Commercial VOC Testing and Mitigation Services in Milwaukee
If you run a business in the greater Milwaukee area, you probably already have at least a passing acquaintance with the term “VOC” (short for “volatile organic compound.”) Even if you aren’t engaged in a painting or printing business—or anything else that produces toxic fumes—it’s still possible to have a workplace with terrible indoor air quality just from vapors released by furnishings and flooring.
Poor indoor air quality isn’t simply a matter of a bad smell. The real concern is the harm caused by repeatedly inhaling toxic vapors. Often, the smells inside an office building don’t seem bad at all. You might even dismiss a cloying smell as “that new carpet smell.” Unfortunately, though, most VOCs cannot be detected by smell. Without testing the indoor air quality of your building, there’s no way of knowing one way or the other if the air is potentially harmful or not.
If testing reveals harmful concentrations of VOCs, the next obvious step is VOC mitigation. Similar to radon mitigation, a VOC mitigation system uses sub-slab depressurization to direct soil gases out of the house. Another key component of VOC mitigation involves assessing the HVAC system and making any necessary changes to ensure adequate ventilation of the building and proper exhausting of air.
Frequently Asked Questions About VOCs and VOC Mitigation
What are VOCs?
VOC is an acronym for Volatile Organic Compound. VOCs are common chemical contaminants released into the air in both residential and commercial buildings. These chemicals typically leave odors. They are about 10 times more concentrated indoors than outdoors and include toxic compounds such as formaldehyde, toluene, benzene, xylene and perchloroethylene.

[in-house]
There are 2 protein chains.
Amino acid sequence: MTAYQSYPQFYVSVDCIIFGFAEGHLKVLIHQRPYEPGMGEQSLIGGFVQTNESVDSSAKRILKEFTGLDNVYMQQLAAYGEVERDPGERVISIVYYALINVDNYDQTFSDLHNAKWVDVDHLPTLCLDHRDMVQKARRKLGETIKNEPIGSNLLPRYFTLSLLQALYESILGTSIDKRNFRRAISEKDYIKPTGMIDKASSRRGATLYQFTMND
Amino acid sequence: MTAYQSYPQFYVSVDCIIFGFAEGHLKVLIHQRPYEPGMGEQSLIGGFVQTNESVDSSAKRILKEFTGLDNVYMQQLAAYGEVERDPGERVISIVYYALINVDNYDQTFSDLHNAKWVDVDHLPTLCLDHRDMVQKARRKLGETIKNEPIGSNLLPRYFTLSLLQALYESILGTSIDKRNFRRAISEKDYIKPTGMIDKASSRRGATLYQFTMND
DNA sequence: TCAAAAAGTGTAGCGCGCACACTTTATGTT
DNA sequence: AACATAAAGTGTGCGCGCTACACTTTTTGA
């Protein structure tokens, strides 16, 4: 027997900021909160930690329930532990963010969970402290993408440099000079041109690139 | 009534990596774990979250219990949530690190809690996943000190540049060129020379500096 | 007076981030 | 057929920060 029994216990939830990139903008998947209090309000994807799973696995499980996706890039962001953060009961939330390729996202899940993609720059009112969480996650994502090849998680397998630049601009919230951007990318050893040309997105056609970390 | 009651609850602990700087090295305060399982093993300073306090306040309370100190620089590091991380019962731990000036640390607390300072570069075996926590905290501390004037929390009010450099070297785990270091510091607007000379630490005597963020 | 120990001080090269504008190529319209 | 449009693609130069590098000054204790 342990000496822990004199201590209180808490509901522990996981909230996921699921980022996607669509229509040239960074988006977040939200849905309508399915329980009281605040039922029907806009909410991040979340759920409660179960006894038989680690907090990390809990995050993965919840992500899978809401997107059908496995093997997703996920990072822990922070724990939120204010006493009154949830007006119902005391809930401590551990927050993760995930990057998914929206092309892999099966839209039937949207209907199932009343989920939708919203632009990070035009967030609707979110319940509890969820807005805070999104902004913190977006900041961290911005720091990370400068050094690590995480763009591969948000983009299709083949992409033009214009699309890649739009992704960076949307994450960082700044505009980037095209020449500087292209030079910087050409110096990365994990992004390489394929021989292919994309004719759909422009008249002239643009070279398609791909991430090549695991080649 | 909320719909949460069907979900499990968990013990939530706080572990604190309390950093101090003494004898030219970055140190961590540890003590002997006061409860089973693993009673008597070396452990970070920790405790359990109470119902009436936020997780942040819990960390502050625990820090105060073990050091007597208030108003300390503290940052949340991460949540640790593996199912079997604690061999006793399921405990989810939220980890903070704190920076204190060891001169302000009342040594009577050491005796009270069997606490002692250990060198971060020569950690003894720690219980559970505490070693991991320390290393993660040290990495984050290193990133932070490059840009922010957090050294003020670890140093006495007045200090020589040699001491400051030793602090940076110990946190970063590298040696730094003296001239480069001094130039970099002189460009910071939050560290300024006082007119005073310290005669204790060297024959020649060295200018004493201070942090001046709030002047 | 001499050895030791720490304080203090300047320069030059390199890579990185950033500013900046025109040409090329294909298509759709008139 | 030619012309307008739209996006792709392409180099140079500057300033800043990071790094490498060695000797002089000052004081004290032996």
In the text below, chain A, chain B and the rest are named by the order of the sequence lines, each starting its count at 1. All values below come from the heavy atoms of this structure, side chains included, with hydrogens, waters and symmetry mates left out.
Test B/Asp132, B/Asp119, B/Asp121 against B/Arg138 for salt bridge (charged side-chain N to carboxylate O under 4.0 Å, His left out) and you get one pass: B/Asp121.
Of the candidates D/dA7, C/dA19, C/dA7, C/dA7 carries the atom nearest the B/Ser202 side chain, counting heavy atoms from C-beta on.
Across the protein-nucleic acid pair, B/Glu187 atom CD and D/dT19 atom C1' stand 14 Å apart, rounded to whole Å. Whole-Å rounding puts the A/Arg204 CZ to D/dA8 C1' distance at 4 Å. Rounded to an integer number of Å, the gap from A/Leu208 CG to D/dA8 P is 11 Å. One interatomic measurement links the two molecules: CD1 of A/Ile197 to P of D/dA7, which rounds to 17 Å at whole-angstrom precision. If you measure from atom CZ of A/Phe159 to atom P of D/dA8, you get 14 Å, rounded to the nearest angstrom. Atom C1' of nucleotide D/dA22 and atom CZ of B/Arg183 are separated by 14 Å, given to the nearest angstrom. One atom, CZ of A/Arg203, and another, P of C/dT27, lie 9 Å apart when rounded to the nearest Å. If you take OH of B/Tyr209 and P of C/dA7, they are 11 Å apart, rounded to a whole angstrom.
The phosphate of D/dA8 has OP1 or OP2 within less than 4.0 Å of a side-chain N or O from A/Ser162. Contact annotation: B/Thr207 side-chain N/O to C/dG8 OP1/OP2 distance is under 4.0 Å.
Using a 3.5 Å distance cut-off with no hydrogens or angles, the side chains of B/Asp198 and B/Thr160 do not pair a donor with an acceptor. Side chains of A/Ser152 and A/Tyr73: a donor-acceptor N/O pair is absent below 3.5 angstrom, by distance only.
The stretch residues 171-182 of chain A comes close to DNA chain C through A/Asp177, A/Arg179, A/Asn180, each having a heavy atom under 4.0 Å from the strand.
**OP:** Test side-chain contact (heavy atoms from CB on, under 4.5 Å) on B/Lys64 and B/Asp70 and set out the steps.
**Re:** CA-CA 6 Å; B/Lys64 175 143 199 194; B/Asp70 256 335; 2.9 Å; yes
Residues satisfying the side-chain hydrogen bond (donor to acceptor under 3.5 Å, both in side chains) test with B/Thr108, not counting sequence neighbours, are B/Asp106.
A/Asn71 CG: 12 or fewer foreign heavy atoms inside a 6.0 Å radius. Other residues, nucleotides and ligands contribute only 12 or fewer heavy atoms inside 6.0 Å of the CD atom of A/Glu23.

While it is easy to understand how businesses like auto paint shops and factories would have an issue with VOCs, even office buildings can have poor air quality due to VOCs. The effects of breathing them day in and day out ranges from mild irritation of the eyes and throat to headaches, nausea, nervous system damage and cancer. There are many furnishings and products used in offices which release VOCs, including:
- Cleaning fluids
- Fabrics in carpeting, drapes and furnishings
- Vinyl floors
- Emissions from office equipment
- Wall coverings
- Air fresheners
- Caulking, coatings and paint
- Perfumes, deodorants, shampoos and other personal products on employees
Just like radon can accumulate in a home, so can VOCs—particularly in buildings with poor ventilation. In a house, it’s easy enough to open windows on a nice day to clear the air. Most office buildings, though, have windows that cannot be opened. If the HVAC system is inadequate for the size of the building, or is not working properly, VOCs can accumulate to dangerous levels.
What does the EPA have to say about VOC levels?
According to the EPA, as many as 50 to 300 different VOCs are present in the air of homes, schools and offices. These compounds are measured in parts per million (PPM). The concentration of these compounds and their effects are outlined below:
< 1 PPM “Green” No significant ill effects on health of occupants
1 to < 10 PPM Likely to produce some complaints and ill health effects among occupants
10 PPM and greater May lead to more adverse effects on health.